The bill is expected to pass through the Democratically controlled House on Wednesday evening. But the margins are an important indicator because just how many House Republicans are willing to buck their party leadership may offer an early signal for how many GOP senators could back the bill. Supporters of the plan will need at least 10 Republicans in the Senate to join all 50 Democrats in the chamber in order to overcome a 60-vote filibuster and pass the bill.
Senate Minority Leader Mitch McConnell said Wednesday he is opposed to the bill but wouldn’t tell reporters if he’d actively whip his fellow Republicans against it. Moderate GOP Sen. Sen. Susan Collins of Maine said Wednesday changes would have to be made to the bill before she could support it.
In the latest sign that House Republican leadership wants the conference united behind McCarthy’s opposition, Minority Whip Steve Scalise’s office sent a letter to members informing them that the leadership was now advocating Republicans vote against the legislation, which was a reversal from GOP leadership’s previous position to not lobby their members on the measure.
With the fate of a January 6 commission soon resting in the hands of Senate Republicans, Senate Majority Leader Chuck Schumer criticized McCarthy’s decision to not support the 1/6 commission bill but promised on Tuesday that the legislation will get a vote in the Senate.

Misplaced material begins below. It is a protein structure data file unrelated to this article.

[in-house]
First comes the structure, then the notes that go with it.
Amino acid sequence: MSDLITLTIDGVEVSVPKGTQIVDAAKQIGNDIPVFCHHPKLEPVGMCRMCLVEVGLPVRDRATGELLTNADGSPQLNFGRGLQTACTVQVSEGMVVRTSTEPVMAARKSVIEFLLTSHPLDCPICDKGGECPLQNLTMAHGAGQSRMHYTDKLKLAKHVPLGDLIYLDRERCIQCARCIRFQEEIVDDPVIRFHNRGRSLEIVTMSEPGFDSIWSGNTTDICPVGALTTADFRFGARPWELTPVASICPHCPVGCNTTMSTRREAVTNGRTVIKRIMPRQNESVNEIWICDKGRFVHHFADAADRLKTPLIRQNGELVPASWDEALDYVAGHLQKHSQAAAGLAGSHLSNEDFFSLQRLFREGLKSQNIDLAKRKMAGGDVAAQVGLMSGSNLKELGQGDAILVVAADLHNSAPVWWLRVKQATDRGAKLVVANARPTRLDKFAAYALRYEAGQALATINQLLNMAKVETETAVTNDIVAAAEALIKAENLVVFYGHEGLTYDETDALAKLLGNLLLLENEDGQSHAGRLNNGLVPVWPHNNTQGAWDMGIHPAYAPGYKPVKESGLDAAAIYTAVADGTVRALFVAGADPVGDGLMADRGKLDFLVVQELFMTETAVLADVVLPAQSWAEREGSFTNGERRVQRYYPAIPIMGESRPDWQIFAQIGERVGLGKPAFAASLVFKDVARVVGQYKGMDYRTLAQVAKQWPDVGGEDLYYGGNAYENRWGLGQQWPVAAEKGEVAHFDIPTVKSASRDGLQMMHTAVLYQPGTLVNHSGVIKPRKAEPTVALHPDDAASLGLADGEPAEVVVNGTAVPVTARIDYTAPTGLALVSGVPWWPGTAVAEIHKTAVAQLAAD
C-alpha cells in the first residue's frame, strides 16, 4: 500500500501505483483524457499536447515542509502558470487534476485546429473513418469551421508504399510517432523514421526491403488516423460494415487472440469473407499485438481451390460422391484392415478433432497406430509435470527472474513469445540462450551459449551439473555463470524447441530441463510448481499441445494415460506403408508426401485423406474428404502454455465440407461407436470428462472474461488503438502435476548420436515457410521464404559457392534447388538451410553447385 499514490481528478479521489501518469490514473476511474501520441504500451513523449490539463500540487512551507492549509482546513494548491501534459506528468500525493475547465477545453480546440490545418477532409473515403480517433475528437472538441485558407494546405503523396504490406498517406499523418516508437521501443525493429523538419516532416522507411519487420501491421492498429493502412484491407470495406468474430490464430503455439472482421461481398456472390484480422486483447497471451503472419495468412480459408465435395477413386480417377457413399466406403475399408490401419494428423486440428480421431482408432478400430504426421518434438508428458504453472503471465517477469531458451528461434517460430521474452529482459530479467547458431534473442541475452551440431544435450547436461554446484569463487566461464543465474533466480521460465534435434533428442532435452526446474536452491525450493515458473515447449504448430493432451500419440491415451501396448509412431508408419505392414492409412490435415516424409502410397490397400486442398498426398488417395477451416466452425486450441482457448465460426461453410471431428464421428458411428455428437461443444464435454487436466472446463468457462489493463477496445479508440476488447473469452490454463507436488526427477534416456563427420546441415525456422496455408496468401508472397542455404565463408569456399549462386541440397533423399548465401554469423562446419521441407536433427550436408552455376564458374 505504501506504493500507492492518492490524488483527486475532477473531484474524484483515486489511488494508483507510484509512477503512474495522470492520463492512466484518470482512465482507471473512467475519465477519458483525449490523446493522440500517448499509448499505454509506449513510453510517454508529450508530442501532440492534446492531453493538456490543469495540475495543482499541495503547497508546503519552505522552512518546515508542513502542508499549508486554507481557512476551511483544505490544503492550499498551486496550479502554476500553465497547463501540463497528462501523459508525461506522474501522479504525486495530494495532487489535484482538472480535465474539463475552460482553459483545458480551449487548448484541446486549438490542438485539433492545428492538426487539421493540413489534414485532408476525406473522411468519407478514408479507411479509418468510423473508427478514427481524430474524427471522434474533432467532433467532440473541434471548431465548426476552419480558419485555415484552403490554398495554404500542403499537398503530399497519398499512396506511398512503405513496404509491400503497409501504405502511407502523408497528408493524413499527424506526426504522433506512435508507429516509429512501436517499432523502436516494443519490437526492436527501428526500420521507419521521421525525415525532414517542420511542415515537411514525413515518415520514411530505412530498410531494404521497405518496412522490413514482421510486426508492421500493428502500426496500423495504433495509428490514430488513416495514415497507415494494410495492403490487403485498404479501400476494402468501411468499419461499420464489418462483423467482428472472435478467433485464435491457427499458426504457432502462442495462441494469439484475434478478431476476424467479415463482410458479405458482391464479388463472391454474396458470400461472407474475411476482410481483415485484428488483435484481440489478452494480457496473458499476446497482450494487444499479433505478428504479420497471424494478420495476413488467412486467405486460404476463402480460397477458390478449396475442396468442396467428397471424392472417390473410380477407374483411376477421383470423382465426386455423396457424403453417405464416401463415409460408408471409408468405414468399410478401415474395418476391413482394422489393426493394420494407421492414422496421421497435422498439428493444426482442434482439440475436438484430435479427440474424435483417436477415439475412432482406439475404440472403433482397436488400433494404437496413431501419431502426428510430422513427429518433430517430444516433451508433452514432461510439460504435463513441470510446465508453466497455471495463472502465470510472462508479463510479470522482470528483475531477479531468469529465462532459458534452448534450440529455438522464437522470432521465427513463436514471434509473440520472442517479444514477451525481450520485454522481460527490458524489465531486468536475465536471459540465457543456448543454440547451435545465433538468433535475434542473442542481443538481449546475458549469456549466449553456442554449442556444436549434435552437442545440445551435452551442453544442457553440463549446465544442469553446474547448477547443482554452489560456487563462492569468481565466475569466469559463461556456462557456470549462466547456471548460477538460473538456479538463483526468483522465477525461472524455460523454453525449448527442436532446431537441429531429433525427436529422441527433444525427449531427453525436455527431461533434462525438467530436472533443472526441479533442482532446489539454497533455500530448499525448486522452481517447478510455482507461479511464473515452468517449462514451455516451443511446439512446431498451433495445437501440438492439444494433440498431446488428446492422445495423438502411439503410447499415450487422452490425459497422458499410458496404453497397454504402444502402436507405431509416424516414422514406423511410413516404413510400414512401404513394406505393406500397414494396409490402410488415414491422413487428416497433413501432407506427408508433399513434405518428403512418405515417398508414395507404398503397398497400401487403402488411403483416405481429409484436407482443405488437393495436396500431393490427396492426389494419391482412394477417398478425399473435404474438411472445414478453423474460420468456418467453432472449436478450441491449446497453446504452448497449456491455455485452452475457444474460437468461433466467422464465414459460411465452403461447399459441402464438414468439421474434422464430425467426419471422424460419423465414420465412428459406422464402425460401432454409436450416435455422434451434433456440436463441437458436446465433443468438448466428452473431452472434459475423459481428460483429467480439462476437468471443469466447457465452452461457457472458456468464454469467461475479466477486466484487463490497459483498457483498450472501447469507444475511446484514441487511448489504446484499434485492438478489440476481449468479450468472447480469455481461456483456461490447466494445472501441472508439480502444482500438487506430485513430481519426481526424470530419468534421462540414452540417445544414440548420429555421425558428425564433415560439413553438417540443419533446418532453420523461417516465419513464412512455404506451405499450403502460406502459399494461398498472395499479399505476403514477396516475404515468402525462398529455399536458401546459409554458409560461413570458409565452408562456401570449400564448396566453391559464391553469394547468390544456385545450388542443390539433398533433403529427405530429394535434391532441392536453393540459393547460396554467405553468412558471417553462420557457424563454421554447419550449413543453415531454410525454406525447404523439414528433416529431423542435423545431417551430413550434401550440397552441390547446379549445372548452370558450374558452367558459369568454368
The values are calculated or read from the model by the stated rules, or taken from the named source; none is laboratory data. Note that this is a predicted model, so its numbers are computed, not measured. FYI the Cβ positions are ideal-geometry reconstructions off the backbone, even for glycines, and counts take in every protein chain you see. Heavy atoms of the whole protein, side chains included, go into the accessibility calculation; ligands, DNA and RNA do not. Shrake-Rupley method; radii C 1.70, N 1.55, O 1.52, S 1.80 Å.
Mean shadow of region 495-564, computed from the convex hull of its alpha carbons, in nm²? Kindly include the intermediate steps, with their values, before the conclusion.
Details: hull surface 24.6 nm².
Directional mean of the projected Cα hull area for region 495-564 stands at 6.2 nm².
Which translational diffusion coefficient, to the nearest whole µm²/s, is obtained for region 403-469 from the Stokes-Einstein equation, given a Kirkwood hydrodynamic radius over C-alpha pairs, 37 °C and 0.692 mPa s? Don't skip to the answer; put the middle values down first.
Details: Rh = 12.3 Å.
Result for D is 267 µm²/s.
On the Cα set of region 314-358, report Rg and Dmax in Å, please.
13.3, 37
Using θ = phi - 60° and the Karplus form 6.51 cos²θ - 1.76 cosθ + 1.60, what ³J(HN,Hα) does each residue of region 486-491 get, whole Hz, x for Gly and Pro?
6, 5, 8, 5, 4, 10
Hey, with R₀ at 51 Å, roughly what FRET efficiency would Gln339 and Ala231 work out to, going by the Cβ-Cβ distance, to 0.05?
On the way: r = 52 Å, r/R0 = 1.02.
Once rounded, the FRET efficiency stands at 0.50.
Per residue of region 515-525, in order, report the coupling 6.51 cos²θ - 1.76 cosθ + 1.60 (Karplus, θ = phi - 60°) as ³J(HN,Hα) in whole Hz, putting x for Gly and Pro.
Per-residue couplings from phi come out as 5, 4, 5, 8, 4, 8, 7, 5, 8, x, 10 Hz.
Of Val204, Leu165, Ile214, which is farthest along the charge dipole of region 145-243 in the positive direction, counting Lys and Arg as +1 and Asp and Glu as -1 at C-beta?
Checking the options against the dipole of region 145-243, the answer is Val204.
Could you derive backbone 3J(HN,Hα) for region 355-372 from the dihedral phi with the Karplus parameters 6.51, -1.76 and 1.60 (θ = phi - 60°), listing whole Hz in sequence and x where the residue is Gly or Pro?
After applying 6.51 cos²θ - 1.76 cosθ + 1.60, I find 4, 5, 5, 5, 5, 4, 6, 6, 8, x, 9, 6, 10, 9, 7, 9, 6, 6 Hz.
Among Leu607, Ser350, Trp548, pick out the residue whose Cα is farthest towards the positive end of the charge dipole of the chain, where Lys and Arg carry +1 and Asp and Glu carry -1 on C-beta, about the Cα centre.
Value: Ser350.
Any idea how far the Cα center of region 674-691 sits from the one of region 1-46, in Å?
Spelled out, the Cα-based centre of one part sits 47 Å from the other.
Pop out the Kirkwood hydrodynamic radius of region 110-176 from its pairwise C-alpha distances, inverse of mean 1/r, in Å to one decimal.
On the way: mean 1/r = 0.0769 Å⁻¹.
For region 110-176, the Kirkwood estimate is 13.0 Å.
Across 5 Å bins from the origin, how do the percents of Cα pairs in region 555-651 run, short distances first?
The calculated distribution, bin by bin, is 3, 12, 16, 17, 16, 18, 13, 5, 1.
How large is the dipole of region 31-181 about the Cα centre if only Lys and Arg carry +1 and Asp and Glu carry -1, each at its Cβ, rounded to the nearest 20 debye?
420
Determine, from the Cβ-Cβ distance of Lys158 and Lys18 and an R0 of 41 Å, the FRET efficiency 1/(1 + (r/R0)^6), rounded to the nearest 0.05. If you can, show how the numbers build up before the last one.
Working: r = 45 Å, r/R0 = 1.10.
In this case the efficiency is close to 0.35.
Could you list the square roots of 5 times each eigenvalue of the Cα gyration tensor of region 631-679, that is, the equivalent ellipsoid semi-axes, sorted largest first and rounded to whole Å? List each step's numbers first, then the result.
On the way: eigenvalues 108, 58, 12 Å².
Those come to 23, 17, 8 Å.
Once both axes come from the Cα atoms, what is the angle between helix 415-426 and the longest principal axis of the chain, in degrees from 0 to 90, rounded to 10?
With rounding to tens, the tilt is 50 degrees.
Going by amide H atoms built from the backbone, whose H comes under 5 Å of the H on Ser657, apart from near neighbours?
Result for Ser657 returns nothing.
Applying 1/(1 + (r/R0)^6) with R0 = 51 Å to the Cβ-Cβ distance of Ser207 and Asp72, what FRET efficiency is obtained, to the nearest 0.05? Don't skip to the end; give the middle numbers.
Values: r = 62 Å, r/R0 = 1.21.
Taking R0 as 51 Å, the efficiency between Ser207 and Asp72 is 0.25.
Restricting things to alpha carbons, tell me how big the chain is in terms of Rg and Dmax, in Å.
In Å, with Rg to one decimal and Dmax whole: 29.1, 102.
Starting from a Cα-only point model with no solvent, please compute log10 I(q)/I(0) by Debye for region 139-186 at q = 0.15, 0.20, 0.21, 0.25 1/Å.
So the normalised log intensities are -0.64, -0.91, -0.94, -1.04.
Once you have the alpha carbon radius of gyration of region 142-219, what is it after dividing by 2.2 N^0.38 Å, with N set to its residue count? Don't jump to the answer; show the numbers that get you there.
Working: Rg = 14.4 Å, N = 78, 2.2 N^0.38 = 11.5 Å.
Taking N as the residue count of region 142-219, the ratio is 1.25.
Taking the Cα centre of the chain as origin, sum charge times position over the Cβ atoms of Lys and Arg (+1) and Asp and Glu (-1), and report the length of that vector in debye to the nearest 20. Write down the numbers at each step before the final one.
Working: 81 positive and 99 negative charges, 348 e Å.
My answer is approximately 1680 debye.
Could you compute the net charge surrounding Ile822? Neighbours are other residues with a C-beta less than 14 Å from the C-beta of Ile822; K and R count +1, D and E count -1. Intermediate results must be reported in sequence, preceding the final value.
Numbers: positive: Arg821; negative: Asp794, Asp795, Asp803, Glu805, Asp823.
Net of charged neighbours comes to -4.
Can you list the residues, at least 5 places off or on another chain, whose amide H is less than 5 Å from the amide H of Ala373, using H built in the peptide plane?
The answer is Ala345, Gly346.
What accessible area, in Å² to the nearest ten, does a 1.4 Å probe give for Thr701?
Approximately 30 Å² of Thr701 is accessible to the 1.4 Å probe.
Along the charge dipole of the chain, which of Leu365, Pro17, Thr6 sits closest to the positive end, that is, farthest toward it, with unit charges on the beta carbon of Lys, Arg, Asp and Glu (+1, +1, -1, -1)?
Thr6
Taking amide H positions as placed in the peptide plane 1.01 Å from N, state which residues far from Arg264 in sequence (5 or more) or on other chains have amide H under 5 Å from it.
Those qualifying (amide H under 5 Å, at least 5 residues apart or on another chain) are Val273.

“This shows how difficult it is to negotiate with Republicans. If the Republican leaders are just going to throw their lead negotiators under the bus, why do they even participate in negotiations at all?” Schumer posed. “We’ll see what the House vote is like, but I want to be clear, I will put the January 6 commission legislation on the floor of the Senate for a vote. Period.”
The bill lawmakers will vote on would create a 10-person commission, with each party getting an equal number of appointments and subpoena power, a key provision that McCarthy had said he wanted early on in negotiations. The legislation tasks the panel with examining “the facts and circumstances of the January 6th attack on the Capitol as well as the influencing factors that may have provoked the attack on our democracy.”
McCarthy announces opposition Tuesday
In a statement announcing his opposition to the deal, McCarthy accused Pelosi, a California Democrat, of failing to negotiate in good faith, argued that a commission would get in the way of investigations already underway and said any commission needed to look at episodes of political violence beyond January 6.
“Given the political misdirections that have marred this process, given the now duplicative and potentially counterproductive nature of this effort, and given the Speaker’s shortsighted scope that does not examine interrelated forms of political violence in America, I cannot support this legislation,” McCarthy said.
Pelosi responded to McCarthy’s opposition to the deal in a statement by saying, “Democrats made repeated efforts to seek a bipartisan compromise. But Leader McCarthy won’t take yes for an answer.”